To control main thread, thread reference can be obtained using method currentThread(). This method returns a reference to main thread. Default priority of main thread is 5 and for all remaining user thread priority will be inherited from parent to child threads.


For each program, a Main thread is created by JVM(Java Virtual Machine). The “Main” thread first verifies the existence of the main() method, and then it initializes the class.


Thread priorities

Every Java thread has a priority that helps the operating system determine the order in which threads are scheduled.


Java thread priorities are in the range between MIN_PRIORITY (1) and MAX_PRIORITY (10). By default, every thread is given priority NORM_PRIORITY (5).


Threads with higher priority are more important to a program and should be allocated processor time before lower-priority threads. However, thread priorities cannot guarantee the order in which threads execute and very much platform dependent


Thread synchronization


Synchronization in Java is the ability to control the access of multiple threads to any shared resource. Java thread synchronization is better option where we want to allow only one thread to access the shared resource.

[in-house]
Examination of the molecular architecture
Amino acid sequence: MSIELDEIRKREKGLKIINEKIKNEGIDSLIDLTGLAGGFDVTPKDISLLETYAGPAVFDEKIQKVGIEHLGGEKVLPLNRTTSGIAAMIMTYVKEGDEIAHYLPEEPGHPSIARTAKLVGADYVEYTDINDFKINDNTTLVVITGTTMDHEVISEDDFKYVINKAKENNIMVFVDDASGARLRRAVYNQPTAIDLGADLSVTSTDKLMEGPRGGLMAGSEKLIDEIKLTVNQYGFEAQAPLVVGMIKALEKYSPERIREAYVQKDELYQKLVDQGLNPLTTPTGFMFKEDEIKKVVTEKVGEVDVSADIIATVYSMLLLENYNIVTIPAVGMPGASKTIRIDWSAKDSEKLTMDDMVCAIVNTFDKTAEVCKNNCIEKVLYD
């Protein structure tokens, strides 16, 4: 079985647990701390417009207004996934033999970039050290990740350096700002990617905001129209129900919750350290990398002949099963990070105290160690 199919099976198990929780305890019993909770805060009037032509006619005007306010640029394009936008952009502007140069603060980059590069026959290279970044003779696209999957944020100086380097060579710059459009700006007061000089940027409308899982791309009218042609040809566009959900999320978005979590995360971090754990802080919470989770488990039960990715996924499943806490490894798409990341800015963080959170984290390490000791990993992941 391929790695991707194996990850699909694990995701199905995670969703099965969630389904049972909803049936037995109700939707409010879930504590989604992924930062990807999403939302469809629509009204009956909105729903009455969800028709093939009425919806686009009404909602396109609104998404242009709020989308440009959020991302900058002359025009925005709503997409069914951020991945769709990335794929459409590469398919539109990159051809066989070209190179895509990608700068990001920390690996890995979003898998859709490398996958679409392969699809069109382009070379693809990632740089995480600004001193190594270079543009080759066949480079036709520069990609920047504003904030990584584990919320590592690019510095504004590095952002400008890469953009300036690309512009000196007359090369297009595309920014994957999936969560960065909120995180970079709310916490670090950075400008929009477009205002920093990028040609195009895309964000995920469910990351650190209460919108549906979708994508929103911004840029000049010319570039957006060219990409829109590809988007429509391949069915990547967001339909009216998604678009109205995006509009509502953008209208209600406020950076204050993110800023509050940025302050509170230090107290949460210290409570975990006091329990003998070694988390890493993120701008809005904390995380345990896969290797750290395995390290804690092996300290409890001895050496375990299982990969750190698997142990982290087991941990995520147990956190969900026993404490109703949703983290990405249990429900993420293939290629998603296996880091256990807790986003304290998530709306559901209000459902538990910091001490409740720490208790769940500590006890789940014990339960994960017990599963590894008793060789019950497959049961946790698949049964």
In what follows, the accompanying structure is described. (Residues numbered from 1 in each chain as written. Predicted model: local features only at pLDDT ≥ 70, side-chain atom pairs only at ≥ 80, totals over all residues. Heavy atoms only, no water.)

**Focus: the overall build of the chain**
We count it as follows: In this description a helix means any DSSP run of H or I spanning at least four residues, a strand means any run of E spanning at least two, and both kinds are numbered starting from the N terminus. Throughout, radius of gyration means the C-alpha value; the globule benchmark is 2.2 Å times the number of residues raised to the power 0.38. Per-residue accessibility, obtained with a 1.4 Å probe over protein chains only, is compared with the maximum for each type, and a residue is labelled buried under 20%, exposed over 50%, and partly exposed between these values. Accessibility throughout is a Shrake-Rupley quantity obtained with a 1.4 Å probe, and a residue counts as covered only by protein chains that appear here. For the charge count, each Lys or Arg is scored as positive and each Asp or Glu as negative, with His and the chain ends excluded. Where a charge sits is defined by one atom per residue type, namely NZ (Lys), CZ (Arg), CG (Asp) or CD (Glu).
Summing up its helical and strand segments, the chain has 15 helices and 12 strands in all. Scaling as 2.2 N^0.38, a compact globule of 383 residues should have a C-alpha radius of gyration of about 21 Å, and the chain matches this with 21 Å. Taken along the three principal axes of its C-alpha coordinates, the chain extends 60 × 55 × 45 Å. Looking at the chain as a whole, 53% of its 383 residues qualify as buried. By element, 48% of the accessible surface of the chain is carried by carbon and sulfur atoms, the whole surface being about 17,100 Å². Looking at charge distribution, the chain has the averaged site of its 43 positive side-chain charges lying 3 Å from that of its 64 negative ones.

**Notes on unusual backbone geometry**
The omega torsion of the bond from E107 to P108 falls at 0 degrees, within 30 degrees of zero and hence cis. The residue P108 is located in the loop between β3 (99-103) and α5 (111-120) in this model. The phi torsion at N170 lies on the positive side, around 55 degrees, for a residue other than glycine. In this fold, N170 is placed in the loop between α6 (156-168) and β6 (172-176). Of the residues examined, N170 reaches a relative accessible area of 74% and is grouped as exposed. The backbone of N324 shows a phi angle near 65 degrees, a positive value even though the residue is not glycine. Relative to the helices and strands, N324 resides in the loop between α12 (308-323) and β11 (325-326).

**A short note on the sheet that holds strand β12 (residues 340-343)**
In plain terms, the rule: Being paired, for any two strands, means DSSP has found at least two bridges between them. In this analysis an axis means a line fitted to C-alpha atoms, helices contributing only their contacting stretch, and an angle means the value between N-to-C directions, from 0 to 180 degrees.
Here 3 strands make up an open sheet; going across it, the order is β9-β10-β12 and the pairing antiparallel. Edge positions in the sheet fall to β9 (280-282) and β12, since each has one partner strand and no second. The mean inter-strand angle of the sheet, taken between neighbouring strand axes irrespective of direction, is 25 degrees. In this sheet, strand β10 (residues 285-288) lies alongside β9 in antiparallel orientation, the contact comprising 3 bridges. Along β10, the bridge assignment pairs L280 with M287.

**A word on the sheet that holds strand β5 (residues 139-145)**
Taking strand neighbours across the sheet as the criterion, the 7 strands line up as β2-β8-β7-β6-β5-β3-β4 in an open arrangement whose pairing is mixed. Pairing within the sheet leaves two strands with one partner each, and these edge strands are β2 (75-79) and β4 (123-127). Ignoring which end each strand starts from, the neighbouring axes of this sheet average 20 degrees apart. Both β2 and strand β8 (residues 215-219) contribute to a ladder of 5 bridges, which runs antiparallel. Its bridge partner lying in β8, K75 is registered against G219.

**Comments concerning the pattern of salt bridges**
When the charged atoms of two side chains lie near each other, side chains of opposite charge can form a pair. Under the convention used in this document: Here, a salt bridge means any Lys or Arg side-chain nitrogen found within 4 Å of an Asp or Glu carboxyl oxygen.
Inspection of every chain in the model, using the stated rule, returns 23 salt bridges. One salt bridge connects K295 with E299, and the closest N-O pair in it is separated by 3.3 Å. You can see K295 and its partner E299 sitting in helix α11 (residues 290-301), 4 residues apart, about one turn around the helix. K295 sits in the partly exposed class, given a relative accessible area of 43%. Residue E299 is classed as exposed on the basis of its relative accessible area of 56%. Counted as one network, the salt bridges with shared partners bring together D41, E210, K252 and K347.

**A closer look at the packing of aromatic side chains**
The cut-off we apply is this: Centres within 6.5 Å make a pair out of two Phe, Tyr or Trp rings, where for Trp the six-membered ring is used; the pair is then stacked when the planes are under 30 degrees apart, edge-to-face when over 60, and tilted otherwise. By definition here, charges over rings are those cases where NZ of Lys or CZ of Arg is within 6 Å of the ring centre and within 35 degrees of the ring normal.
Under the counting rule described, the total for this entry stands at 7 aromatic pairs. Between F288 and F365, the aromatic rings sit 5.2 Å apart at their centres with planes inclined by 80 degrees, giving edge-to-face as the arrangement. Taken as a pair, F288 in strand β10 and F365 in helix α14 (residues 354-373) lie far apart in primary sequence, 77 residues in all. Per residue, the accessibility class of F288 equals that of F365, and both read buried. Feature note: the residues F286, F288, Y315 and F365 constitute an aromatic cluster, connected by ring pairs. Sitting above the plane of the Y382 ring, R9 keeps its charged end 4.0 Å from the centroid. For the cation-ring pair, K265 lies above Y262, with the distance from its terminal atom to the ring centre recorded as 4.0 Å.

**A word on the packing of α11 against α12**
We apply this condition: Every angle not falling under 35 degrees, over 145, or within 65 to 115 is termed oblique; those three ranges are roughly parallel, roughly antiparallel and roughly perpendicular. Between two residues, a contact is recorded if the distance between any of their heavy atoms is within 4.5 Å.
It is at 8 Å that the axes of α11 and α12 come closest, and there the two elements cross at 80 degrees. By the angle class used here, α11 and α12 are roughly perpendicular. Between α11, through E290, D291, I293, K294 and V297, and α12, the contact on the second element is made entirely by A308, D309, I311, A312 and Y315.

Synchronization is mainly used to prevent thread interference and to prevent consistency problems. There are two types of synchronization Process synchronization and Thread synchronization. We will see Thread synchronization in more details


There are two types of thread synchronization mutual exclusive and inter-thread communication.

 

  1. Mutual Exclusive

  2. Cooperation (Inter-thread communication in java)

Mutual Exclusive

Mutual Exclusive thread synchronization type helps keep threads from interfering with one another while sharing data. It can be achieved by using the following three ways:

  • By Using Synchronized Method

  • By Using Synchronized Block

  • By Using Static Synchronization


Synchronization is achieved using internal entity known as lock or monitor. Every object has a lock associated with it. A thread that needs constant access to an object's data or resource has to acquire the object's lock before accessing them, and then release the lock when it's done with them


Inconsistent behavior - Without thread synchronization